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Effectiveness of Synapse Transcutaneous Electronic Nerve Stimulation (TENS) During Dental Procedures Among Children

The safety and scientific validity of this study is the responsibility of the study sponsor and investigators. Listing a study does not mean it has been evaluated by the U.S. Federal Government. Know the risks and potential benefits of clinical studies and talk to your health care provider before participating. Read our disclaimer for details.
 
ClinicalTrials.gov Identifier: NCT03779659
Recruitment Status : Not yet recruiting
First Posted : December 19, 2018
Last Update Posted : March 26, 2020
Sponsor:
Information provided by (Responsible Party):
Boston University

Brief Summary:
Dental Fear and Anxiety (DFA) are at higher levels among children and often leads to avoidance of dental treatment. Negative experiences in the early years such as experience of pain during injections, fillings, or extractions may lead to difficulties in treatment and behavior management among children. During dental procedures such as restorations and extractions injectable anesthetics are required as they are used to anesthetize and numb the area around the tooth receiving treatment. Topical anesthetics are used prior to using injectable anesthetic to alleviate some pain and discomfort. Topical anesthetics should be used with caution as they consist of more concentrated doses of pharmaceutical elements used in injectable anesthetics. Such high concentrations can result in increased gag reflux, central nervous system depression and cardiovascular effects in rare cases. With many recent advances in dental treatment, there is also a need for new non-pharmaceutical strategies to alleviate pain and discomfort among children which in turn will motivate children and their parents to visit the dental clinic more frequently. Electronic anesthesia or Synapse Transcutaneous Electronic Nerve Stimulation (TENS), a non-invasive device that uses low energy electrical stimulation to reduce pain perception, has gained acceptance since the 1990s. Advantages of using the TENS device are that it is safe, easy to use, well-accepted among patients as evidenced in the few trials conducted so far, no adverse complications and has been successful in alleviating pain during dental procedures. This study aims to explore use of the TENS to alleviate pain and discomfort at the oral mucosal site where the patient will receive a local anesthetic injection. In this randomized case-crossover trial among children aged 6-14 years the effectiveness of Aleve TENS device in reducing pain and anxiety among children prior to receiving injectable local anesthetic agent during dental procedures is compared to those who receive the local anesthetic gel prior to receiving local anesthetic injection.

Condition or disease Intervention/treatment Phase
Dental Fear Anesthesia, Local Pediatric Dentistry Device: Synapse TENS device Drug: Topical anesthetic gel Not Applicable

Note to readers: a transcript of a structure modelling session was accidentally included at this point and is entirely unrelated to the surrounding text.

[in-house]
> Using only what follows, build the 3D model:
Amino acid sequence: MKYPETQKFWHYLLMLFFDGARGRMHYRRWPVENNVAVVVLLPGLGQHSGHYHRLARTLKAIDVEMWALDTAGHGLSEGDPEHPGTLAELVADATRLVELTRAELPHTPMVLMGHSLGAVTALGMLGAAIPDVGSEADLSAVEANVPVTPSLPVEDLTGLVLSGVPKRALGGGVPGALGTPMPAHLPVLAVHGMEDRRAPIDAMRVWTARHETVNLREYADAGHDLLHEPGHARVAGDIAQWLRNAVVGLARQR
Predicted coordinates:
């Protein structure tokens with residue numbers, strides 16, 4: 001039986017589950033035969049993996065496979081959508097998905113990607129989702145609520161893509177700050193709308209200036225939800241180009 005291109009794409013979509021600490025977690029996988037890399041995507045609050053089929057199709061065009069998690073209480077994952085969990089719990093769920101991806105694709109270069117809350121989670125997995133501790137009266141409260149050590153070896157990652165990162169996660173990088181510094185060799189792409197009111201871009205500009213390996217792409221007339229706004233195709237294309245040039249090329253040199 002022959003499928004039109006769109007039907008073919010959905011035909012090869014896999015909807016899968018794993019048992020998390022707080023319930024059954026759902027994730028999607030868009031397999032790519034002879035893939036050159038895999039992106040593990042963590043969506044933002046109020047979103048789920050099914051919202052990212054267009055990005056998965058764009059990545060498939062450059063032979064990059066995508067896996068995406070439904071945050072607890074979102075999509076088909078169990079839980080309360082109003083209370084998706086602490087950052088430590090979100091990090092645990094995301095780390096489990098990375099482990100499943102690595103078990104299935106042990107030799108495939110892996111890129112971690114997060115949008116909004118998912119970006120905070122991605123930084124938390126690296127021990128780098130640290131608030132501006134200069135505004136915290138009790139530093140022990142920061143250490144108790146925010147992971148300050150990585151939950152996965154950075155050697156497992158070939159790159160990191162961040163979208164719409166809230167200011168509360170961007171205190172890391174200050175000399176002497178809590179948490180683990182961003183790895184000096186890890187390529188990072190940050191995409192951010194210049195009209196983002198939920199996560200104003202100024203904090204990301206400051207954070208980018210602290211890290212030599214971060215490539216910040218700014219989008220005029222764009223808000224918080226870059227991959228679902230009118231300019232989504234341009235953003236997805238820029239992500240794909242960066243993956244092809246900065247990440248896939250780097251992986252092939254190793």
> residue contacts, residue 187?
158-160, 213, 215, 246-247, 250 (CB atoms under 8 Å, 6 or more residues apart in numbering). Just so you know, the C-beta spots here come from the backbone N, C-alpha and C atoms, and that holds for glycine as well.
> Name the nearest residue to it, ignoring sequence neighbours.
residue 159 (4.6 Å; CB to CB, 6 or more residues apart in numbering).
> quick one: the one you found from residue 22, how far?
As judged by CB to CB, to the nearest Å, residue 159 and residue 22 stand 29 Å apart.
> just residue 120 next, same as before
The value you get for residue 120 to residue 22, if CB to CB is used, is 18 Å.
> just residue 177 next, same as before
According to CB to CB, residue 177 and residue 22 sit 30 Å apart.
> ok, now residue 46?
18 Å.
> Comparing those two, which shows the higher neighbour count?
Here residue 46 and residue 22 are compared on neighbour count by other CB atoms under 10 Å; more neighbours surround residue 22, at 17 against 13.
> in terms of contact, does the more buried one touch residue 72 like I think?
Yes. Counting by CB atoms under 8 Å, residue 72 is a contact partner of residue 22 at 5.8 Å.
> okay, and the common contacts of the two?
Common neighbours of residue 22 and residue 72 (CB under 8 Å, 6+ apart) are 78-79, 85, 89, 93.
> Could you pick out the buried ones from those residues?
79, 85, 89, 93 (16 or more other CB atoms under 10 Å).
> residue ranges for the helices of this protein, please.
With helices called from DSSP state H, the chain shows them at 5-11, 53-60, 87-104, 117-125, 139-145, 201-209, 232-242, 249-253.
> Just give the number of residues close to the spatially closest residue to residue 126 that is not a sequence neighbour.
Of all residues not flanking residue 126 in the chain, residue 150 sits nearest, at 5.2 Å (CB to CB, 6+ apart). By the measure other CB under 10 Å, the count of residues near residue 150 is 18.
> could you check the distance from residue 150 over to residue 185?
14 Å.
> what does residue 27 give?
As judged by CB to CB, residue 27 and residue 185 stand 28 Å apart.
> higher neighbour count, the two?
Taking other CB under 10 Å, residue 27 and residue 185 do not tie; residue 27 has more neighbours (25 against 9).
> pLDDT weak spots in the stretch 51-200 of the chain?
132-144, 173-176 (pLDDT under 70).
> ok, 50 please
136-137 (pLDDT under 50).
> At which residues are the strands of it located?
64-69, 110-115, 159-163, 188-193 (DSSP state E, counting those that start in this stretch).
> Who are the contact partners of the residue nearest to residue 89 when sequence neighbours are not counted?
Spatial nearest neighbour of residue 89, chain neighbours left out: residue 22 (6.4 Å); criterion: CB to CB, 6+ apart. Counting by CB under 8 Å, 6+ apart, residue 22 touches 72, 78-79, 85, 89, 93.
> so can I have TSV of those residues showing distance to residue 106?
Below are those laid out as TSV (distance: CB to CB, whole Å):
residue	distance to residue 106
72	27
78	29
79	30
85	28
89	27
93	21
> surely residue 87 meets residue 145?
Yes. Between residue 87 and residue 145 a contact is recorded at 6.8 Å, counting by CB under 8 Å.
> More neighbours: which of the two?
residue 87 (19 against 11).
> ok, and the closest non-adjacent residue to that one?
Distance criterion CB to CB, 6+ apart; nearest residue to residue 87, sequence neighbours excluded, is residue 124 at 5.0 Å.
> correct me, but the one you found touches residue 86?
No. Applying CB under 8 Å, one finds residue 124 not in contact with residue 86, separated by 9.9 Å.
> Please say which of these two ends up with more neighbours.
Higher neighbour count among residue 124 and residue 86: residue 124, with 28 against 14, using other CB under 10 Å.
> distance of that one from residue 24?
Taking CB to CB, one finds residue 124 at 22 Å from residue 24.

Detailed Description:
Children between 6-14 years will be recruited at the Pediatric Oral Healthcare Center. A sample of 100 male and female children who fit the inclusion and exclusion criteria are recruited. Once parents' consent at the first visit basic demographic information, dental and medical history information is collected. This study is conducted in total of two clinic visits. In the first visit participants are randomized to either the intervention group or the comparison group. The intervention group receives the experimental device (TENS) prior to local anesthetic injection whereas the comparison group receives the local anesthetic gel. Following this the participants receive the local anesthetic injection after which treatment is completed. In the second visit the participants are crossed over to the other group and therefore randomization is not used for visit 2. Those who received the local anesthetic gel in visit 1 will receive the experimental device in visit 2 and those who received the experimental device in visit 1 will receive the local anesthetic gel in visit 2 . Following this treatment procedures are completed.

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Study Type : Interventional  (Clinical Trial)
Estimated Enrollment : 100 participants
Allocation: Randomized
Intervention Model: Crossover Assignment
Masking: None (Open Label)
Primary Purpose: Treatment
Official Title: Effectiveness of Synapse Transcutaneous Electronic Nerve Stimulation (TENS) Device in Reducing Pain Among Children 6-14 Years During Dental Treatments in a Randomized Cross-over Clinical Trial
Estimated Study Start Date : July 2020
Estimated Primary Completion Date : August 2021
Estimated Study Completion Date : February 2022

Resource links provided by the National Library of Medicine

MedlinePlus related topics: Dental Health

Arm Intervention/treatment
Experimental: Synapse TENS device
SYnapse TENS device will be used for alleviating pain through electrical stimulation. This is a battery powered device where an electrical current is applied intra-orally on the buccal and lingual sides using an intra-oral pad applicator. This device has been cleared for marketing by the Food and Drug Administration (FDA) and the prescribed electrical field falls almost a 10 factor level lower than routine pulp testing devices used in dentistry. The TENS device was previously tested in a pilot study with promising results. Chair side application and at-home use of the device by the patient was shown to drastically reduce pain and discomfort associated with orthodontic tooth movement.